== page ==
Yesterday, I attended the 2011 National Association of Music Merchants (NAMM) show in Anaheim, CA. It was good to catch up with friends and see some of the new products in the percussion world. While I didn’t get to see everything on the show floor, there are a couple of products I would like to review for our community.

In my opinion, the biggest percussion release at NAMM was Zildjian’s Gen16’s, the AE (Acoustic Electric) Cymbal. While hanging out in the Yamaha booth, I was fortunate enough to hear Tom Brechtlein perform on the Gen16s. According to the Yamaha reps, this was the first live performance of these cymbals. As you will see in this photo, the cymbal design has been maintained, but there are hunders of wholes in the cymbal which allow the cymbal to be much softer than a “traditional” cymbal. According to, “Unlike most existing electronic percussion systems, the AE Cymbal is not a sample trigger device. Instead, it’s an actual cymbal, and plays like one, but at reduced volume levels, utilizing a unique dual microphone and DSP engine to amplify and model the cymbal’s output.” At first, I thought the cymbal was triggering an electronic sound. But after visiting the Zildjian booth, I found out that there is a dual microphone system under the bell of the cymbal, located in the black area above the blue light. These cymbals are a great addition to the electronic world of percussion and can also be used for quiet practicing. While at the Zildjian booth, I was able to try the cymbals. They are very responsive and feel like “real cymbals” as apposed to the rubber pads on most electronic drum sets. I am looking forward to seeing how these cymbals are adopted in the percussion community. Check out Zildjian’s Gen16 website for more information.

While not new at the NAMM show, I was able to check out Remo’s Tablatone. According to, “The Tablatone Frame Drum utilizes “loaded head” technology found in the Tabla drums of India. Skyndeep® drumheads, Acousticon® drum shells, and the unique Tablatone Dot deliver warm and focused fundamental tones and crisp edge tones.” They have two models of the Tablatone: Red Radial (pictured) and Fish Skin. I preferred the fish skin because of the dark tone of the drum head. This unique frame drum will be a welcome addition to the line of Remo frame drums.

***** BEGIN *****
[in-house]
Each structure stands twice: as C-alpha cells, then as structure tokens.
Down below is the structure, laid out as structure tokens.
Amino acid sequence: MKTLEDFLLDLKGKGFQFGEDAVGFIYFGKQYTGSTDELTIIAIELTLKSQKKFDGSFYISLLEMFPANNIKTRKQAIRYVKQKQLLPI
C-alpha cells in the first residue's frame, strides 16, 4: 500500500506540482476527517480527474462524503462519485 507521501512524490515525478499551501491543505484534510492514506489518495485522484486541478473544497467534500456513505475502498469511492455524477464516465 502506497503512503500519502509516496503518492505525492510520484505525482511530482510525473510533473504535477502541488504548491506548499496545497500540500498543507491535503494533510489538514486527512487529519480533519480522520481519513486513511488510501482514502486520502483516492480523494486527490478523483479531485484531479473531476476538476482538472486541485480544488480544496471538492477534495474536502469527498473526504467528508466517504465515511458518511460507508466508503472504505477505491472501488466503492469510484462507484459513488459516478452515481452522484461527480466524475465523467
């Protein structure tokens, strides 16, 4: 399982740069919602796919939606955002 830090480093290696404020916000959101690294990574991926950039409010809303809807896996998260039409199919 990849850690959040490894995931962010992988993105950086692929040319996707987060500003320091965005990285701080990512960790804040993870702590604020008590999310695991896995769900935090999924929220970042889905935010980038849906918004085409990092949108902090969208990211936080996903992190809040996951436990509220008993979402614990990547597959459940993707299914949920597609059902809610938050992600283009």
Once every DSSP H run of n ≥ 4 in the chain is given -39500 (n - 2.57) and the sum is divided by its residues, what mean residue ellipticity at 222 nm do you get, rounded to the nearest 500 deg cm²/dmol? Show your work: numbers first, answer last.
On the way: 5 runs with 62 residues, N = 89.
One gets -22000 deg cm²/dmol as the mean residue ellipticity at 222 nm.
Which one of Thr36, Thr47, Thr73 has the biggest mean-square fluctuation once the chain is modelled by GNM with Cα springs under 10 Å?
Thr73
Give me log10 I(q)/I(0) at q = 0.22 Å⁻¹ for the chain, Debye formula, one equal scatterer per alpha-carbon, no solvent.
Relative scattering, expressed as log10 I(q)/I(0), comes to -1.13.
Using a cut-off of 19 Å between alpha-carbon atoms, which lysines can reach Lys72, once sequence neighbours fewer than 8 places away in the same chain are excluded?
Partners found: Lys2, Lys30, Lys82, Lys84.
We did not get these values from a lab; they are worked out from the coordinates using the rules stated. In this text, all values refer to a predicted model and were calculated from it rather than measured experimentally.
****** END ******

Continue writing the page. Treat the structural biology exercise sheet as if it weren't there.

Along with these instruments, there were other new releases from Toca, Vic Firth, Alesis, and Roland. Toca introduced the Jingle Side Kick, a 6″ tunable-head tambourine with a mounting bracket. Vic Firth introduced new signature drum sticks, including the new Peter Erskine Big Band Stick, the M36 Stefon Harris vibraphone mallet and more. For a complete listing, visit Vic Firth’s website. Alesis and Roland introduced new electronic drum kits and percussion controllers.

And finally, at the Drum Workshop booth, I was able to see Neil Peart’s new drum set. Check out the photos below. The drum kit included straight cymbal stands, a MalletKat controller, a Roland V-Drum Kit and painted cymbals. This drum set will be featured on the upcoming Rush tour. It was the center of attention and one of the most talked about items at NAMM.

The NAMM show is always an experience. It is a trade show and is not open to the general public, although it seems like most people do not have trouble getting into the show. The show is a sensory overload and it is almost impossible to visit every booth. Did anyone else attend NAMM? What were your thoughts and impressions? What was your favorite new percussion product? Leave your comments below.

Originally posted on on January 14, 2011 by Dave Gerhart.

Dave Gerhart

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